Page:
Civil rights apply to everyone. They provide a foundation to our understanding of a democratic nation based on justice and integrity by protecting individuals and private actors from the state. Although our civil rights have been secured and protected through Germany’s Basic Law, the European Charter on Fundamental Rights and the Declaration on Human Rights, they have been repeatedly restricted and limited. The justification for the reduction of our civil rights usually plays on citizens‘ fears and anxieties – to fight a war against terrorism and organized crime or increasing security by monitoring and controlling the internet.
The past decade is characterized by a rapid dismantling of both our international and national civil rights. Whether it be, the use of Verbunddateien to obstruct the separation between the police and the secret services; the development of surveillance technology making it possible to secretly invade our computers, trace our activity and interpret our communications; the decisions to digitize our lives through the retention of our previous and existing information; international measures to store years of our travel data; or a general lack of protection for the transmission of financial data, we have experience the loss of civil rights in all areas of our life.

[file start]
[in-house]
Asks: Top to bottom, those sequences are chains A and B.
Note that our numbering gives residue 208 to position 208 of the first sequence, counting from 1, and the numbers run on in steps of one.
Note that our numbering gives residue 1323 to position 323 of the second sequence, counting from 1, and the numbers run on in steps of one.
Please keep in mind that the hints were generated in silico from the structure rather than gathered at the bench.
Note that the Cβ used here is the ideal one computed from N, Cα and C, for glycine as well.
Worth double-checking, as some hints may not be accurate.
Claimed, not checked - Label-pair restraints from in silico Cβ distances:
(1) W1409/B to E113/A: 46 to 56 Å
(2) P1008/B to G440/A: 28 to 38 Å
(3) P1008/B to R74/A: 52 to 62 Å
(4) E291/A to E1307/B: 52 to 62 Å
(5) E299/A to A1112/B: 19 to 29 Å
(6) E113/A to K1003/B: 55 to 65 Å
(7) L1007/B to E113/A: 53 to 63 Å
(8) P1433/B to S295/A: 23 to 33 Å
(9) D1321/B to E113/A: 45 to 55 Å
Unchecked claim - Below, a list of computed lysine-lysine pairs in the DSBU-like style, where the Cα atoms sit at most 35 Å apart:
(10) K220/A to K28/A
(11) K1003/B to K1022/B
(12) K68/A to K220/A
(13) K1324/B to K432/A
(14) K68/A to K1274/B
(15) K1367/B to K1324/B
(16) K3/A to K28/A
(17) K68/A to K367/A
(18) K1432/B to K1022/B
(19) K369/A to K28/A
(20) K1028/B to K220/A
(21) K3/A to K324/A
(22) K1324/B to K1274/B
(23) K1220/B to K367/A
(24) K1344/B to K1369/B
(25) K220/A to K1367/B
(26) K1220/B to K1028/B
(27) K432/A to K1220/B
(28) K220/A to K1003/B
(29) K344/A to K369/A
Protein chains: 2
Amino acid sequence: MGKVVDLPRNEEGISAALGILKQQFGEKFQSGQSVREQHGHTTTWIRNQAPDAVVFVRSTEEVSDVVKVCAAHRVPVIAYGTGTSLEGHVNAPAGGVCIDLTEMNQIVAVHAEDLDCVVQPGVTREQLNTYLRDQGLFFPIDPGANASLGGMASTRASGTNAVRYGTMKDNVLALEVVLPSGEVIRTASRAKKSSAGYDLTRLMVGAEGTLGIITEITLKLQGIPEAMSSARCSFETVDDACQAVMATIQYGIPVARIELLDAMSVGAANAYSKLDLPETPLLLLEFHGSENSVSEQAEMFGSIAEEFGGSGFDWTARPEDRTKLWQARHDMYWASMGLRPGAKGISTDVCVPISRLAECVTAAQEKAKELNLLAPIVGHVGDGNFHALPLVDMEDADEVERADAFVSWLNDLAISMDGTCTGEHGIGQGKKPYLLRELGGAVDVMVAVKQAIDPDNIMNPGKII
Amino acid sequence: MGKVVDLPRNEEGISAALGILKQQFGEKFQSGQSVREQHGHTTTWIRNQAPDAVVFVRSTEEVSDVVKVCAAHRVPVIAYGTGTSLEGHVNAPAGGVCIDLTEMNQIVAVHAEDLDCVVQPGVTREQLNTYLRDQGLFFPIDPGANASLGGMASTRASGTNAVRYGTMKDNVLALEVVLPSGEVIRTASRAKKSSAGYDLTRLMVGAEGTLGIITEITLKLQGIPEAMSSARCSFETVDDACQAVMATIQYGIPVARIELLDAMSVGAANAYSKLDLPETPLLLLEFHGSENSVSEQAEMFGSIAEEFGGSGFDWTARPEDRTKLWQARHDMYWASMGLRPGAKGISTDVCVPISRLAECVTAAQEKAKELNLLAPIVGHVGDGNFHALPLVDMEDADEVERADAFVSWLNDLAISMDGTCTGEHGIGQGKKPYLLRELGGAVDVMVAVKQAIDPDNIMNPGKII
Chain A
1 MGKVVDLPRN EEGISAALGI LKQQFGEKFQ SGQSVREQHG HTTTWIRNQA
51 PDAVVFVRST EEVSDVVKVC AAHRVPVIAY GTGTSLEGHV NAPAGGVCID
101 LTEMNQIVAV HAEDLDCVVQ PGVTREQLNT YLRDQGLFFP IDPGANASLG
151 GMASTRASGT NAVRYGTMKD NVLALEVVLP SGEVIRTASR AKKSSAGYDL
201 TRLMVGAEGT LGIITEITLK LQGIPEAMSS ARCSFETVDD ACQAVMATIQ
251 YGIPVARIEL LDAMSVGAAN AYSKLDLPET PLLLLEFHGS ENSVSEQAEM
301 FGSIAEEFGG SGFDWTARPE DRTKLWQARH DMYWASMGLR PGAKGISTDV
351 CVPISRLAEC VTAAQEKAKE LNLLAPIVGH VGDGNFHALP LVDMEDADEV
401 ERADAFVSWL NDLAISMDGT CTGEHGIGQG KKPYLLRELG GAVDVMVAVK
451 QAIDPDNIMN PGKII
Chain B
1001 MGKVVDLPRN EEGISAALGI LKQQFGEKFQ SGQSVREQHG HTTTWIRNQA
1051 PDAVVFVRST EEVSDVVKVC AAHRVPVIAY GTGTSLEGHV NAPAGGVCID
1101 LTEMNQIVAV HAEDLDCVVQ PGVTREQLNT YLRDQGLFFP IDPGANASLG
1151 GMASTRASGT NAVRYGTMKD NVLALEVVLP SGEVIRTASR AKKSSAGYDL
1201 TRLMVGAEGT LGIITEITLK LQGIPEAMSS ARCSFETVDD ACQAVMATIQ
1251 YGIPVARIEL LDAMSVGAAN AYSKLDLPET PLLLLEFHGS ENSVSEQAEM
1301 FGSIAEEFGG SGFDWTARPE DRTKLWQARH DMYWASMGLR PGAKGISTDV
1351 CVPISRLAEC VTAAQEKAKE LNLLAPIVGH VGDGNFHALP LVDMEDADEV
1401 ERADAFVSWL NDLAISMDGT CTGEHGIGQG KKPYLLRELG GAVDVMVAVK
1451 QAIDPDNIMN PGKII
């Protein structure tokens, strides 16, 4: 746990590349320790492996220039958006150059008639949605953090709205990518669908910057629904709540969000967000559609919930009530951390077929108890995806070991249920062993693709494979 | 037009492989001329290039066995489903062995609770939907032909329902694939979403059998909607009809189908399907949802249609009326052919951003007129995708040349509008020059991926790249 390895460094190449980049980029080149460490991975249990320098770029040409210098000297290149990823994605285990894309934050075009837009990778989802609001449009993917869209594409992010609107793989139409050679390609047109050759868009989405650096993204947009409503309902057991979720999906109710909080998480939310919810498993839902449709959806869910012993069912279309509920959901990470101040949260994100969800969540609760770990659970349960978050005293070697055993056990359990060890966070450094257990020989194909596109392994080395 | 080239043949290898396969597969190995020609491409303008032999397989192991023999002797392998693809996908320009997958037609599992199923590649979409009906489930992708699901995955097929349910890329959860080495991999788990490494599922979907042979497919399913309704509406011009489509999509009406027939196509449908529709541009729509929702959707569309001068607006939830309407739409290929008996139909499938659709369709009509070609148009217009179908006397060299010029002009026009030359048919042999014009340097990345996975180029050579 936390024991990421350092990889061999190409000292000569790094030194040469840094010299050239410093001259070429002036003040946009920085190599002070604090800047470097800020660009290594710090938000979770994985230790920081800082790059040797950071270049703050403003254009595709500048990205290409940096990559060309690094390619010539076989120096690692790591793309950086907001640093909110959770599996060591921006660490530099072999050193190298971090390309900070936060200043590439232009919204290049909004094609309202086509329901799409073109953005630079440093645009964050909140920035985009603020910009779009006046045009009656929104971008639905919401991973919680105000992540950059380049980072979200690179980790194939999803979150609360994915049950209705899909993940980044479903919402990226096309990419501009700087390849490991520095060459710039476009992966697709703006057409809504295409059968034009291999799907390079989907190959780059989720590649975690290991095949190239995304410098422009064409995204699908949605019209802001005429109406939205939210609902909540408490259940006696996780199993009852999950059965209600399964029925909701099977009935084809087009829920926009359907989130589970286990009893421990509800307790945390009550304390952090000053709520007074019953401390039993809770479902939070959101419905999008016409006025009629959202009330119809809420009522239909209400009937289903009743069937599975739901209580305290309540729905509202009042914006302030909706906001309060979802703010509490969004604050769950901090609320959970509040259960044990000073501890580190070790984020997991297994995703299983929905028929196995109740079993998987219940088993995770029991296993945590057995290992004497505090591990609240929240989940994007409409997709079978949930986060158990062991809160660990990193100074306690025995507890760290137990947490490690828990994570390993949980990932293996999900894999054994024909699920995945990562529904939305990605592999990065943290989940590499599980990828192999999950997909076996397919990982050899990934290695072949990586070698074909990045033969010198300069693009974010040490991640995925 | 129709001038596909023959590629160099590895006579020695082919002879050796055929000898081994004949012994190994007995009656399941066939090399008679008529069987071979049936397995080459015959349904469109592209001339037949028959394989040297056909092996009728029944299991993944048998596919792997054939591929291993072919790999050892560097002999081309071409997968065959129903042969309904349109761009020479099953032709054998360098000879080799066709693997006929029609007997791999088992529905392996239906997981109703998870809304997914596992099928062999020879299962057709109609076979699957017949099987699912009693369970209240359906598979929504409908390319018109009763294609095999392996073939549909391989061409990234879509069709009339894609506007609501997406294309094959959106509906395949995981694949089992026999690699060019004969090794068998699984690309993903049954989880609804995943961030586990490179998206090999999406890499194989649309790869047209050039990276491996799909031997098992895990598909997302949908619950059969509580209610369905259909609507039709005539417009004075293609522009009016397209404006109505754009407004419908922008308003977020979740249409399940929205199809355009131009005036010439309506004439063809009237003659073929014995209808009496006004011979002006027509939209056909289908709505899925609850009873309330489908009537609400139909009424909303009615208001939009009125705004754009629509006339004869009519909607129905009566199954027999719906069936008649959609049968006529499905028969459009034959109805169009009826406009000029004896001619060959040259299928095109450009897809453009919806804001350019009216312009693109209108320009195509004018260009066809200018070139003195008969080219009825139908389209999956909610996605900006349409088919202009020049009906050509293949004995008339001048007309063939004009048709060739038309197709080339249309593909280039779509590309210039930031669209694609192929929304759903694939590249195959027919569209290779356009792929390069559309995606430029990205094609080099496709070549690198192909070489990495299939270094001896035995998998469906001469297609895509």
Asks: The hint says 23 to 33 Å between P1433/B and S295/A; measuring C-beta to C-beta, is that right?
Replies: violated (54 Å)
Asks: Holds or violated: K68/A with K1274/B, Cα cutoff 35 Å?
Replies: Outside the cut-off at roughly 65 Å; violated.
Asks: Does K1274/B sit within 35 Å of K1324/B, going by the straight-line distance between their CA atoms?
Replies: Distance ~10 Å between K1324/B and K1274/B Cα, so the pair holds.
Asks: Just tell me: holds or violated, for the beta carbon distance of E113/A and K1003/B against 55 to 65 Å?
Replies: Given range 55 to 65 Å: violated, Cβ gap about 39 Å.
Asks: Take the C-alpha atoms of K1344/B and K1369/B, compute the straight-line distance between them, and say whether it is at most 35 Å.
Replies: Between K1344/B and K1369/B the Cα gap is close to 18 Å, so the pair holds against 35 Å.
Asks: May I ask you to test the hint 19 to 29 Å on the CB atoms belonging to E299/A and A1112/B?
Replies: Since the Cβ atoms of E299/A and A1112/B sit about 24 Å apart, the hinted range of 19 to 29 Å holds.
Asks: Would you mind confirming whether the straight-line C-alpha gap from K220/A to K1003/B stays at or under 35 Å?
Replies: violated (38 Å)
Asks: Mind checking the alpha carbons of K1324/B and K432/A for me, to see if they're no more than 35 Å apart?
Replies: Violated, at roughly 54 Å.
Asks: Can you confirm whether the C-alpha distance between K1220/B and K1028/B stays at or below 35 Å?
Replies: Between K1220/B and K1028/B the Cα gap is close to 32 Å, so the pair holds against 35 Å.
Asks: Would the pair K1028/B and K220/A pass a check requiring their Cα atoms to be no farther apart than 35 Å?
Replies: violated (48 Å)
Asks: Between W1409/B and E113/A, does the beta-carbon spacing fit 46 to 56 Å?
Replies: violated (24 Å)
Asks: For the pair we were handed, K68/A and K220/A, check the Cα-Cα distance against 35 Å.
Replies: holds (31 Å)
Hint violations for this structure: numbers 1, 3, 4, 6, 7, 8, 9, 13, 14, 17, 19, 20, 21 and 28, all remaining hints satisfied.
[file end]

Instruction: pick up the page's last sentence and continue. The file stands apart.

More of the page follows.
I am fighting for a change in policy, one that strengthens, rather than limits civil rights; for a security policy that values the principle of proportionality; for a new security architecture that works efficiently with requiring new powers of intervention; for the provision in the German constitution and a modern, European-wide policy on data protection; for people to have the right against businesses and the state to obtain stored information and the right to have their data deleted. I fight for an end to data retention, not only in Germany, but also in Europe. I want civil rights to not only be secure, but also strengthened. Civil rights apply not only to those with a German passport, but all people.